Encouraging lifelong learning in the workplace

Embracing lifelong learning will, in the long run, be beneficial to employees of all ages, and organisations can do more to support this goal.
By: | July 1, 2024

Lifelong learning is a key component of today’s workforce and employment viability. This is an observation that most HR teams, CHROs and other C-Suite leaders are likely to agree on while managing rising challenges such as retaining employees, remaining competitive, and training new leaders for the future.

Often, more likely than not, organisations must examine all facets of HR policies through a multigenerational workforce point of view, considering each generation’s unique learning needs, and how to keep them interested in investing in themselves and their careers.

Speaking to HRM Asia, Rachele Focardi, Founder of XYZ@Work, said, “Baby boomers and Gen X employees often seek to update their digital skills to stay relevant in a rapidly evolving technological landscape,”

“Additionally, many older employees express a desire to pivot their careers towards more interesting, impactful, and meaningful work. However, they often feel that such opportunities are either not available internally or are reserved for younger employees. Therefore, companies need to help these employees develop the skills needed to make such transitions.”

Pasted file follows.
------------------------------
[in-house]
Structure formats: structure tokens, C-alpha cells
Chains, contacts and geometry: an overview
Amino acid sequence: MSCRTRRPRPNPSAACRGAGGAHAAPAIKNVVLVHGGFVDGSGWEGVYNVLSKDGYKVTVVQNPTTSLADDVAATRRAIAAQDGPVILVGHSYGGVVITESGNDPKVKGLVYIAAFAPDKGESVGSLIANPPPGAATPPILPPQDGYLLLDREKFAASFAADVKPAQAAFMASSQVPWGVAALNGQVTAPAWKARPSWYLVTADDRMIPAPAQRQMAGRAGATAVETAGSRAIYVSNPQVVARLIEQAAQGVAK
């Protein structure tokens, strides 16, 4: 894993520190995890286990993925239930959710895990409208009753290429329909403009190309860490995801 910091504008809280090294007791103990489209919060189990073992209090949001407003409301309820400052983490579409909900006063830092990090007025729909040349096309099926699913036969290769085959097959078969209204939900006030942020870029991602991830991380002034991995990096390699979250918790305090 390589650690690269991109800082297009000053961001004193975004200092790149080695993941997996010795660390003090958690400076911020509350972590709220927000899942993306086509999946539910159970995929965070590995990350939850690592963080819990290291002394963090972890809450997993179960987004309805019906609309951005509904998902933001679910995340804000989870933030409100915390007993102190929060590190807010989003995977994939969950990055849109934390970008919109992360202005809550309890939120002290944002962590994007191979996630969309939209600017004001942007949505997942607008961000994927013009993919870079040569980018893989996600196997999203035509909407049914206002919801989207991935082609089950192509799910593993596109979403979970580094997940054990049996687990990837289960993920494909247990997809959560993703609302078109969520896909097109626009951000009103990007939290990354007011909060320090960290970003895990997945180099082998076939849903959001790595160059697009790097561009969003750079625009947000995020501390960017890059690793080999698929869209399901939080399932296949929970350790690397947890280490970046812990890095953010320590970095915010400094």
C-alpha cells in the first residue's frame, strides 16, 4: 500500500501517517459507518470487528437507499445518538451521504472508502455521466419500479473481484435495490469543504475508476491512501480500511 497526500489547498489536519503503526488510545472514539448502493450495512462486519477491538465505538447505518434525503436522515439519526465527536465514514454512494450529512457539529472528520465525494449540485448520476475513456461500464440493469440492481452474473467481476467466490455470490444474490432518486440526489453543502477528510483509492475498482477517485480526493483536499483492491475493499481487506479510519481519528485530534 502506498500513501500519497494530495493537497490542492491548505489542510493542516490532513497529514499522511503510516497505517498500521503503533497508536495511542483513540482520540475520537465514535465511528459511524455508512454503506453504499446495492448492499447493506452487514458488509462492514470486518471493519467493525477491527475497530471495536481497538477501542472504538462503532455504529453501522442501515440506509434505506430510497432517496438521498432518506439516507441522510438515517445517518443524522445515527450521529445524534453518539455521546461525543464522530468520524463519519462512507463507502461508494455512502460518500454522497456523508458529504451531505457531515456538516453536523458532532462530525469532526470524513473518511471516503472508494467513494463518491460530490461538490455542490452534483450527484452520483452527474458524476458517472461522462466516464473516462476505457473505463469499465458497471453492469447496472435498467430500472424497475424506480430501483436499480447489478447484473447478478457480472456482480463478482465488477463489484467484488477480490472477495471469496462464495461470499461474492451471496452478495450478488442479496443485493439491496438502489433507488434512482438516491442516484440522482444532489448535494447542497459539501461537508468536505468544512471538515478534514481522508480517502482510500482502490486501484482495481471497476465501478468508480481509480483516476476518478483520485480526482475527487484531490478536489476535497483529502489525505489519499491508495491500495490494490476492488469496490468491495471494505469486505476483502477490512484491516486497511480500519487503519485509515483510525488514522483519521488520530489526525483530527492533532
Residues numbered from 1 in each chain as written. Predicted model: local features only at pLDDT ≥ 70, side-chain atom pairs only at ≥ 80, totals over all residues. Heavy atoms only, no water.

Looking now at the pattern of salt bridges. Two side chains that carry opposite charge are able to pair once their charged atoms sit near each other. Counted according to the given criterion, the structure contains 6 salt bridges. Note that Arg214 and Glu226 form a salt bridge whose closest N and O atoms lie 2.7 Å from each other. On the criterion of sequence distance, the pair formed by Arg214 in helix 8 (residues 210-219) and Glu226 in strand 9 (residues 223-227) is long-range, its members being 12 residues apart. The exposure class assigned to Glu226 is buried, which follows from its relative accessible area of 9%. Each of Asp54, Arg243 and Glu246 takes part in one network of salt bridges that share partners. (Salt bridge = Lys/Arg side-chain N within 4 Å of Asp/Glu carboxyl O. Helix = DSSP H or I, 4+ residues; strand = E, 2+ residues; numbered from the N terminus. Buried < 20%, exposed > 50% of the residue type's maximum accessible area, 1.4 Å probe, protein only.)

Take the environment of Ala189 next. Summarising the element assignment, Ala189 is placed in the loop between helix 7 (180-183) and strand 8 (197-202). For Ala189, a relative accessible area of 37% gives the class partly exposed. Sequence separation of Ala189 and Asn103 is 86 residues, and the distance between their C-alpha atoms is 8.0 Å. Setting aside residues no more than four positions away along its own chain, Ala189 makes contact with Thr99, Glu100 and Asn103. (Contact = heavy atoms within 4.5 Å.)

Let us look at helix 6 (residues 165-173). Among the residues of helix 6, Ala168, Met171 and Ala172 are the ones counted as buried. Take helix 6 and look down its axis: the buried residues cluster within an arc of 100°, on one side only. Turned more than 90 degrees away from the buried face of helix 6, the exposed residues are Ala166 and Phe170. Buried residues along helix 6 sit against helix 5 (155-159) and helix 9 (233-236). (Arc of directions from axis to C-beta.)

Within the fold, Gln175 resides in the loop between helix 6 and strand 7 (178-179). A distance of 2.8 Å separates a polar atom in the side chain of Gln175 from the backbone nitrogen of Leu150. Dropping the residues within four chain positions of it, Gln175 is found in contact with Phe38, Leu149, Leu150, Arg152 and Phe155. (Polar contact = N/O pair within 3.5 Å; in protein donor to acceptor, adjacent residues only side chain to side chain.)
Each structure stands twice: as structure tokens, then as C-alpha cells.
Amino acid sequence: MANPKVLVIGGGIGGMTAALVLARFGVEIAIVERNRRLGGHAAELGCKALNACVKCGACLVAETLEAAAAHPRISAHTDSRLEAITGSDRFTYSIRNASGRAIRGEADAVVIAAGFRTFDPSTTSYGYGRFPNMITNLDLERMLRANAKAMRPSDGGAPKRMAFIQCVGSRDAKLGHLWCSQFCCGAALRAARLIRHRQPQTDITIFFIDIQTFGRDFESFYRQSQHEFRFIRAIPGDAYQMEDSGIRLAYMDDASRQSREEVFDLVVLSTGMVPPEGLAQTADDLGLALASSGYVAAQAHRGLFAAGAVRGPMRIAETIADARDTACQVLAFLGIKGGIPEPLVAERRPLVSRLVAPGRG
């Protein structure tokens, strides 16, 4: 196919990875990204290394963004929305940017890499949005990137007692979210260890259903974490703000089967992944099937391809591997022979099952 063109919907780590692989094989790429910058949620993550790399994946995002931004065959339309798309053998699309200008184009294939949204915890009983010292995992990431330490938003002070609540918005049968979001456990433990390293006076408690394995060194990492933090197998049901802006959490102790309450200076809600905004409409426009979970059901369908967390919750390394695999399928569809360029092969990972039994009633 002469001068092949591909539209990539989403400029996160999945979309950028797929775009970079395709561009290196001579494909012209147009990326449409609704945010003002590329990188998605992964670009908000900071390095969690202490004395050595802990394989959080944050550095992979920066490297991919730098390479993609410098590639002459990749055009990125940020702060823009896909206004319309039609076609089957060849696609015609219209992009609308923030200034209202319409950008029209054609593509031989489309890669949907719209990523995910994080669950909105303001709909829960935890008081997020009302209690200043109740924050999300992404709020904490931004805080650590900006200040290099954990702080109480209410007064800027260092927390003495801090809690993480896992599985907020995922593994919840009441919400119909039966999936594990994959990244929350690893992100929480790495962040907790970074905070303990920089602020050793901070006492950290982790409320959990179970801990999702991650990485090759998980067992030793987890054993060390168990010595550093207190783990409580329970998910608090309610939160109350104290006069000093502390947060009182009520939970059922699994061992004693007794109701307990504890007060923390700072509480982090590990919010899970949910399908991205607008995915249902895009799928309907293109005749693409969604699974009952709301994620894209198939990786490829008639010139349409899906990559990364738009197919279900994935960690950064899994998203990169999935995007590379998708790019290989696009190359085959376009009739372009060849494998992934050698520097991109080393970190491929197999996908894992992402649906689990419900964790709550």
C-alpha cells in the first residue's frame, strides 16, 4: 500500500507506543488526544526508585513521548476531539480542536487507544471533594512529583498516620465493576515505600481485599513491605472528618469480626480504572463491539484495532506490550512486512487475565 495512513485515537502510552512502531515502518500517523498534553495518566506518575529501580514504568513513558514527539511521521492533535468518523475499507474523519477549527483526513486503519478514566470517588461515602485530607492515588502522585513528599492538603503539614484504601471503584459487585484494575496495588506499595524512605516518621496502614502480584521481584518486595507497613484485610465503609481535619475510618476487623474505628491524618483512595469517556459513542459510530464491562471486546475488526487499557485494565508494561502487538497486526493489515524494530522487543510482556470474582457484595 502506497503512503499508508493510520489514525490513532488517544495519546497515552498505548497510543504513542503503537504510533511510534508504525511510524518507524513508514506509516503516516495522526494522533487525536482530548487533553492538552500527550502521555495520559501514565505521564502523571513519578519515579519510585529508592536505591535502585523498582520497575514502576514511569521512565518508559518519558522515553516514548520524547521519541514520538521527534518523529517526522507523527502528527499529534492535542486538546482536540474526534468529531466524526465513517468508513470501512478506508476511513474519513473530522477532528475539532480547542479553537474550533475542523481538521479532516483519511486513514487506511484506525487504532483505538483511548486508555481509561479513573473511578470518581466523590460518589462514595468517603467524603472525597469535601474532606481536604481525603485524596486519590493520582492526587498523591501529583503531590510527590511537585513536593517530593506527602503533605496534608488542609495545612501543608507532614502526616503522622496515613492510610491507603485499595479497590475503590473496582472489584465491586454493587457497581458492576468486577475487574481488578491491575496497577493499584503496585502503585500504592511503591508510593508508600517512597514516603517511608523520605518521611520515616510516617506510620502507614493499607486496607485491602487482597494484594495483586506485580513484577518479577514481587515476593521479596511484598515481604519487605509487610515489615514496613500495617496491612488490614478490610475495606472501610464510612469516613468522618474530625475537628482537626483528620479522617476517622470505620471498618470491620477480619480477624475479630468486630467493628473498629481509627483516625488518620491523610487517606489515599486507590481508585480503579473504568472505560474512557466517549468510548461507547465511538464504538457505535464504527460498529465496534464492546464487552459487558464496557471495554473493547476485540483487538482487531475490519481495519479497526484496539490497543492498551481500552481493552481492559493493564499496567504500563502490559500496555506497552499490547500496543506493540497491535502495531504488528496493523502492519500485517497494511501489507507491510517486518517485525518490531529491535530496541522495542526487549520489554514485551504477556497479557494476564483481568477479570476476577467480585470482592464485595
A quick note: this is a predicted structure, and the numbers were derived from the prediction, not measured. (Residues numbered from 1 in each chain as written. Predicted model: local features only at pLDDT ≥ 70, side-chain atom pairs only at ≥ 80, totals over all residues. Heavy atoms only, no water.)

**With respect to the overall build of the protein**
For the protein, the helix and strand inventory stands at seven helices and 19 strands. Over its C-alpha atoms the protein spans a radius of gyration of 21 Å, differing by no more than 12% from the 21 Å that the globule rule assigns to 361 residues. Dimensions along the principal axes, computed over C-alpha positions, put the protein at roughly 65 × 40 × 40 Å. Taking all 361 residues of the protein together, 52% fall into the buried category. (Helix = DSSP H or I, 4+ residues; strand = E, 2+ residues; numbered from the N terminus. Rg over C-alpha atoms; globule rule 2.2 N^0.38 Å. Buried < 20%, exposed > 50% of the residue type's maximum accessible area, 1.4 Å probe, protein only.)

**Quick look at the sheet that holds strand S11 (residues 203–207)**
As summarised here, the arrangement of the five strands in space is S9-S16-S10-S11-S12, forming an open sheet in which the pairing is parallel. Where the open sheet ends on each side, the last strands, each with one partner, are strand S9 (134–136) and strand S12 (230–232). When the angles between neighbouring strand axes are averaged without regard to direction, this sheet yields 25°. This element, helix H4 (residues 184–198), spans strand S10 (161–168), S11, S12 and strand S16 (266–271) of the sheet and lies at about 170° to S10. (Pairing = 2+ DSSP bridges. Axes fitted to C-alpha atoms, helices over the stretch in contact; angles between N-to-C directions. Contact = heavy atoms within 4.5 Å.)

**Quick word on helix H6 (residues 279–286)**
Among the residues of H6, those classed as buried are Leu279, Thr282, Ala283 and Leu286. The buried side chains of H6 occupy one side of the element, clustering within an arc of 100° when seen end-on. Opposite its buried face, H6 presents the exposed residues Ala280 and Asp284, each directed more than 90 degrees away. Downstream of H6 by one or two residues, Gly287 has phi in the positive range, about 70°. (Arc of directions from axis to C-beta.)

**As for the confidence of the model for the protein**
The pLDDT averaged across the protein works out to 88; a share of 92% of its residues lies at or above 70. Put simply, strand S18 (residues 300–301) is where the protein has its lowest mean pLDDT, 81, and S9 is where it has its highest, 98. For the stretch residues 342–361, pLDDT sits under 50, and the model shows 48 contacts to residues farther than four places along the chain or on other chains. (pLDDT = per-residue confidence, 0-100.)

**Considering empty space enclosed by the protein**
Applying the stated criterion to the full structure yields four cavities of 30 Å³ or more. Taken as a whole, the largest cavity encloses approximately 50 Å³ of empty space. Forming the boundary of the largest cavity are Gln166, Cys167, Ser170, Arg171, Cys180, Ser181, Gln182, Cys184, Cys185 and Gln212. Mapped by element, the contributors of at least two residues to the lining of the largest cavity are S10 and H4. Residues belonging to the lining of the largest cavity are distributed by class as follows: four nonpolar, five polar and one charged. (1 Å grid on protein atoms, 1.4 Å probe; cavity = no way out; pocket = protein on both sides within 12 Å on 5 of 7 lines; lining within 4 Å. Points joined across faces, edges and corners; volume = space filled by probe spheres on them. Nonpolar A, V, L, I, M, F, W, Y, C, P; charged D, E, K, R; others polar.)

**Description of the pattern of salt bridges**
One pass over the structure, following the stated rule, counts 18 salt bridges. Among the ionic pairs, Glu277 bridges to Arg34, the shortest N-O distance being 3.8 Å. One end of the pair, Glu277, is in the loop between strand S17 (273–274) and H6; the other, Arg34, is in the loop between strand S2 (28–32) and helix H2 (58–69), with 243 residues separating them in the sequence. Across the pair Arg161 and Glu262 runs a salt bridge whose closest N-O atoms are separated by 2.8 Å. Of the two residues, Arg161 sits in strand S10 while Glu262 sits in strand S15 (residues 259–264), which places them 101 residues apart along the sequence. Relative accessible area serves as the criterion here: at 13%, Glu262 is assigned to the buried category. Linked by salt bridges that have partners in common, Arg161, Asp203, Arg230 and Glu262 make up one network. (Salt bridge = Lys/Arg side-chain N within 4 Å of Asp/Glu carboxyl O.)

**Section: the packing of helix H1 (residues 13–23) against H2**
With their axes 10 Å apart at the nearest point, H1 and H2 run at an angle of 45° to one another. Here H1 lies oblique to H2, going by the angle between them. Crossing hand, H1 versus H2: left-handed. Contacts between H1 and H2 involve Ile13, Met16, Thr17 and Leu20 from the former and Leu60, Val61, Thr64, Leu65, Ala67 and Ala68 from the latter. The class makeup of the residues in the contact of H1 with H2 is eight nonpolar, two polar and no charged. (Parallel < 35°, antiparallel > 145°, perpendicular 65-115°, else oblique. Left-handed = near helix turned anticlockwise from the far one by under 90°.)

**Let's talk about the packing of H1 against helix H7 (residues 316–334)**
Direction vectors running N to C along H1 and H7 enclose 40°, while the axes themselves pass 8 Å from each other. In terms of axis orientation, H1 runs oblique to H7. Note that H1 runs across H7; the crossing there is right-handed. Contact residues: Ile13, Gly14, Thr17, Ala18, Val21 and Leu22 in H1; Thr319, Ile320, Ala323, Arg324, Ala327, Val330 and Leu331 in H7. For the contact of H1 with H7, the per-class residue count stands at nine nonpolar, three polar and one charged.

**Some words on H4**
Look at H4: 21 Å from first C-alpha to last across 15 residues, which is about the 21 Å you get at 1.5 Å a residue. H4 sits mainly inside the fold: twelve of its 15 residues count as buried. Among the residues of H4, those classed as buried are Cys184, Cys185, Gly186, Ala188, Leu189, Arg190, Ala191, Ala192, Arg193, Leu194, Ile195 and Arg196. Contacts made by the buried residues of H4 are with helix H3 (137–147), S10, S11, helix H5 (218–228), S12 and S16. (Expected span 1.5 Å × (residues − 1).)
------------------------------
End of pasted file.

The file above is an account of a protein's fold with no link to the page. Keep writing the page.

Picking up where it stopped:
Millennials and Gen Z employees, on the other hand, are typically more comfortable with digital tools and are eager to demonstrate their capabilities and make an impact quickly.

“These younger generations often desire continuous development opportunities and prefer learning experiences that are interactive, modern, and technologically advanced,” Focardi shared. “They can become frustrated by traditional, lecture-based training methods that do not engage them or leverage the digital tools they are accustomed to using. They are also keen to learn from the experiences of their senior colleagues, seeking to develop strategic thinking, networking, and soft skills, as well as understanding how to work effectively with clients.” 

A simple way of developing these generations of employees and addressing their diverse needs comes from cross-generational mentoring programmes, such as two-way mentoring, Focardi explained. This can not only help older employees feel valued as they share their extensive experience but also get them to learn about digital tools from younger colleagues.

“Two-way mentoring enables senior employees to mentor on strategic thinking and client management, fostering mutual respect and a cohesive work environment,” she said, while citing how organisations such as Mitsubishi Financial Group, Proctor & Gamble, and Maserati have effectively implemented such initiatives, showcasing the benefits of leveraging the unique strengths of each generation of employees.

“In today’s disruptive and VUCA environment, continuous learning is essential for everyone, regardless of generation.” – Rachele Focardi, Founder, XYZ@Work.